Next we have Dan Friel on alto sax. An elementary music teacher by day, his rich melodies flow over the rest of the band’s sound, "tying it all together," one audience member gushed. Indeed, the bright timbre Friel contributes adds just the right blend of warmth, depth, and energy to the sound that Wabi Sabi produces. Pete Chiovarou, on bass, grounds the ensemble with a sound that’s melodic and easy, a warm, spicy groove. Wabi Sabi is his creation, and he embodies its mission, which is to "allow imagination to be the guide."
Like its music, the band can fill many roles at once. They are a pleasant backdrop for those sampling the interesting, hearty fare at the bar (I wholeheartedly recommend the Dip Trio, a trio of pesto, bacon-cheese dip, and sweet almond hummus served with grilled pita wedges. Order a pint of the house favorite, Honey Wheat, to go along side and you’re set.) Wabi Sabi’s music is also universally danceable. Over the course of the evening, the group served as both late-dinner music and funkadelic dance machine.
I left the Triumph that evening with a belly full of fantastic food, a new list of favorite brews (do try the hand-pumped Scotch Ale), and Wabi Sabi’s self-titled CD.
Wabi-Sabi, www.wabisabius.com. Upcoming performances include:
Thursday, August 25, 9 p.m., Plush, 256 North Keswick Avenue, Glenside, Pennsylvania, 215-576-9501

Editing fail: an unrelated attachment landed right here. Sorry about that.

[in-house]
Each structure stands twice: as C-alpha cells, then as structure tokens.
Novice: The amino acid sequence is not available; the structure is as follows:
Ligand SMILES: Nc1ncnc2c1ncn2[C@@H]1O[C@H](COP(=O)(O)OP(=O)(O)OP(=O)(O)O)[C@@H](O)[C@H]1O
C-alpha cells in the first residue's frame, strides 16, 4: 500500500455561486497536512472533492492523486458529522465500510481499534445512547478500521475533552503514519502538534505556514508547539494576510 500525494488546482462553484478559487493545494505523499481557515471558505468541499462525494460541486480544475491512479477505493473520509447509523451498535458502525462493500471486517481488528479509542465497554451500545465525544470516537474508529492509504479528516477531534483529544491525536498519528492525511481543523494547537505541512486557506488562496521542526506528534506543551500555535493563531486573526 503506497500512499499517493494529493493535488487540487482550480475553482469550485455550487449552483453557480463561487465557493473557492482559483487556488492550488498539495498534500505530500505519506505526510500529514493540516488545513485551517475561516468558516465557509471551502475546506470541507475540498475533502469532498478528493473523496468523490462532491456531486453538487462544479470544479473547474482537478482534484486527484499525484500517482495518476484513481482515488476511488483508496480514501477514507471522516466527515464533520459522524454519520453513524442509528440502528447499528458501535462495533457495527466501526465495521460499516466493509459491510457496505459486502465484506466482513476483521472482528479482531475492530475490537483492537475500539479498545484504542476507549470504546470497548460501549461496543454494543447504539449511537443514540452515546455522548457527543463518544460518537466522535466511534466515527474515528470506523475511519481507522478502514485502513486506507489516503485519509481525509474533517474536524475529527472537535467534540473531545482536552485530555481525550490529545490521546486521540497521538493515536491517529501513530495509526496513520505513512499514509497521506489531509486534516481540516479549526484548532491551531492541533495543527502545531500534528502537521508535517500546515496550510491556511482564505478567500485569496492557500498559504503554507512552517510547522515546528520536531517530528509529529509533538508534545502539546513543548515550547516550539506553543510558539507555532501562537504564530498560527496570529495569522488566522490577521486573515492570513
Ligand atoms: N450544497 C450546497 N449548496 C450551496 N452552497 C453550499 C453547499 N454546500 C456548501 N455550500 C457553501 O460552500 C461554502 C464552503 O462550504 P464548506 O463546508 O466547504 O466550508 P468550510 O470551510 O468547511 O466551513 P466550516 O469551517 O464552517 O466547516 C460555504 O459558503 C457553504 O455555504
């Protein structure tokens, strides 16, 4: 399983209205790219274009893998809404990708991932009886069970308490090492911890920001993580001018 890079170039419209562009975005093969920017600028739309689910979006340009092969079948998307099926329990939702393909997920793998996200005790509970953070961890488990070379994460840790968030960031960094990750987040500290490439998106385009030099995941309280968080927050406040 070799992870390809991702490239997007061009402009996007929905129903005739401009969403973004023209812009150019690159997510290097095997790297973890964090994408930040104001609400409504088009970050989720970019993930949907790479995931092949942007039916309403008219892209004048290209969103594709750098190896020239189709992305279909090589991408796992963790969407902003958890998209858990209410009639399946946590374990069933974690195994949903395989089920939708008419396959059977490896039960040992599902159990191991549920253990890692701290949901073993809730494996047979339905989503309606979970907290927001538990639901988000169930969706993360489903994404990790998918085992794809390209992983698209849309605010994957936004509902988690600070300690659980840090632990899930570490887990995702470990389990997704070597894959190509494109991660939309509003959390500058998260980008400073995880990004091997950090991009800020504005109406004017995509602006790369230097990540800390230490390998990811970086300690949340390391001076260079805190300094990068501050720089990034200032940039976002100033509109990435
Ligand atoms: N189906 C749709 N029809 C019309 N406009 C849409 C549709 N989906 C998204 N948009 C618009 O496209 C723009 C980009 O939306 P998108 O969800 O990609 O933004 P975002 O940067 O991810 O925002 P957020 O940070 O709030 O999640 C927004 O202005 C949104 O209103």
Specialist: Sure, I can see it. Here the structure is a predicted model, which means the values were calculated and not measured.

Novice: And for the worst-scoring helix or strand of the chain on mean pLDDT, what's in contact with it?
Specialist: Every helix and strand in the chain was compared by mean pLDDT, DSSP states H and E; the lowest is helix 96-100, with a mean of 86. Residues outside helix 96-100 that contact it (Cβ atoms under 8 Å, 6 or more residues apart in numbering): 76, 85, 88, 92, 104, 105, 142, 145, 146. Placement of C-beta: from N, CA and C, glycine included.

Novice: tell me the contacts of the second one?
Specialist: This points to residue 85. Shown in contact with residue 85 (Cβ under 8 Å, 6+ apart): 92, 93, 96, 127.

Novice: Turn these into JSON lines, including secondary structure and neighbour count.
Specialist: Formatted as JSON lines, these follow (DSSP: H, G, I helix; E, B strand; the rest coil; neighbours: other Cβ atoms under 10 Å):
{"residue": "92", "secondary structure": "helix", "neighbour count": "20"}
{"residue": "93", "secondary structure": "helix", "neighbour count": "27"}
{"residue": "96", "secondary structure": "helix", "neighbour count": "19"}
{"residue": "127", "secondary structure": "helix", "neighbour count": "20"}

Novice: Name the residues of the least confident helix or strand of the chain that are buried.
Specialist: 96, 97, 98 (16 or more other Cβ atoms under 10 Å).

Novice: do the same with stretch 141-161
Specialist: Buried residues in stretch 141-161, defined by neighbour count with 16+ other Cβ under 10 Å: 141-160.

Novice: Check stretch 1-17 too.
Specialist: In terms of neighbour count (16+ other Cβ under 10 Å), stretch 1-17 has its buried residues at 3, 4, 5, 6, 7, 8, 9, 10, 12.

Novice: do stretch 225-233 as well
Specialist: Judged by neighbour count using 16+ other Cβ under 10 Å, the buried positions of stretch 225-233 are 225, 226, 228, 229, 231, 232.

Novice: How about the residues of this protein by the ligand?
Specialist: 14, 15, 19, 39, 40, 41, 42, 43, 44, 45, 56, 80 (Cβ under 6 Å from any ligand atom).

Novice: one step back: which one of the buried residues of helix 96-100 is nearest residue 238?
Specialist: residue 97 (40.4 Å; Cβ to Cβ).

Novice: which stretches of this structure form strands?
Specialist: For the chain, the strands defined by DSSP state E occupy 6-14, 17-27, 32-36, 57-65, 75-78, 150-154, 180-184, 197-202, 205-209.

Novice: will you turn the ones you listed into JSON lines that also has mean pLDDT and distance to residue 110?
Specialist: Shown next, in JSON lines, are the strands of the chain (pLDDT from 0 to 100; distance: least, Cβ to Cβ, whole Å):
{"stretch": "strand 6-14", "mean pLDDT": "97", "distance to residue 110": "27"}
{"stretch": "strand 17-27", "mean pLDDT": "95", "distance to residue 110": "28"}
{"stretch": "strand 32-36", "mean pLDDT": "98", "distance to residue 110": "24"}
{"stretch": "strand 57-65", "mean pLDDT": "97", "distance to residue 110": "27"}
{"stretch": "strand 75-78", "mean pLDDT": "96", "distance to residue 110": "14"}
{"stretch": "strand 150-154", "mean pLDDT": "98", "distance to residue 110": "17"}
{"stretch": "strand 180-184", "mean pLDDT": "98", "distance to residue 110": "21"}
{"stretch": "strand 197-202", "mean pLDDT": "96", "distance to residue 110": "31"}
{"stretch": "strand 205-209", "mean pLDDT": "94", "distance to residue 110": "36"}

Thursday, September 29, 9 p.m., Tritone, 1508 South Street, Philadelphia, 215-545-0475.
Friday, September 30, Triumph New Hope, 400 Union Square, New Hope, 215-862-8300.
The setting is a hot early evening in July, in front of the Soma Yoga Center on Raritan Avenue in Highland Park. In the alleyway between the buildings, John Bianculli and his group are performing to help promote Bianculli’s girlfriend’s yoga center. An information table beckons passersby with information on yoga classes, massage, and a range of other holistic activities offered seven days a week at the Soma Yoga Center.
Temperatures reach well into the mid-90s, yet Bianculli barely breaks a sweat as he sits at his keyboard, entertaining a crowd on the sidewalk with his spry original compositions, taking time to talk to his audience.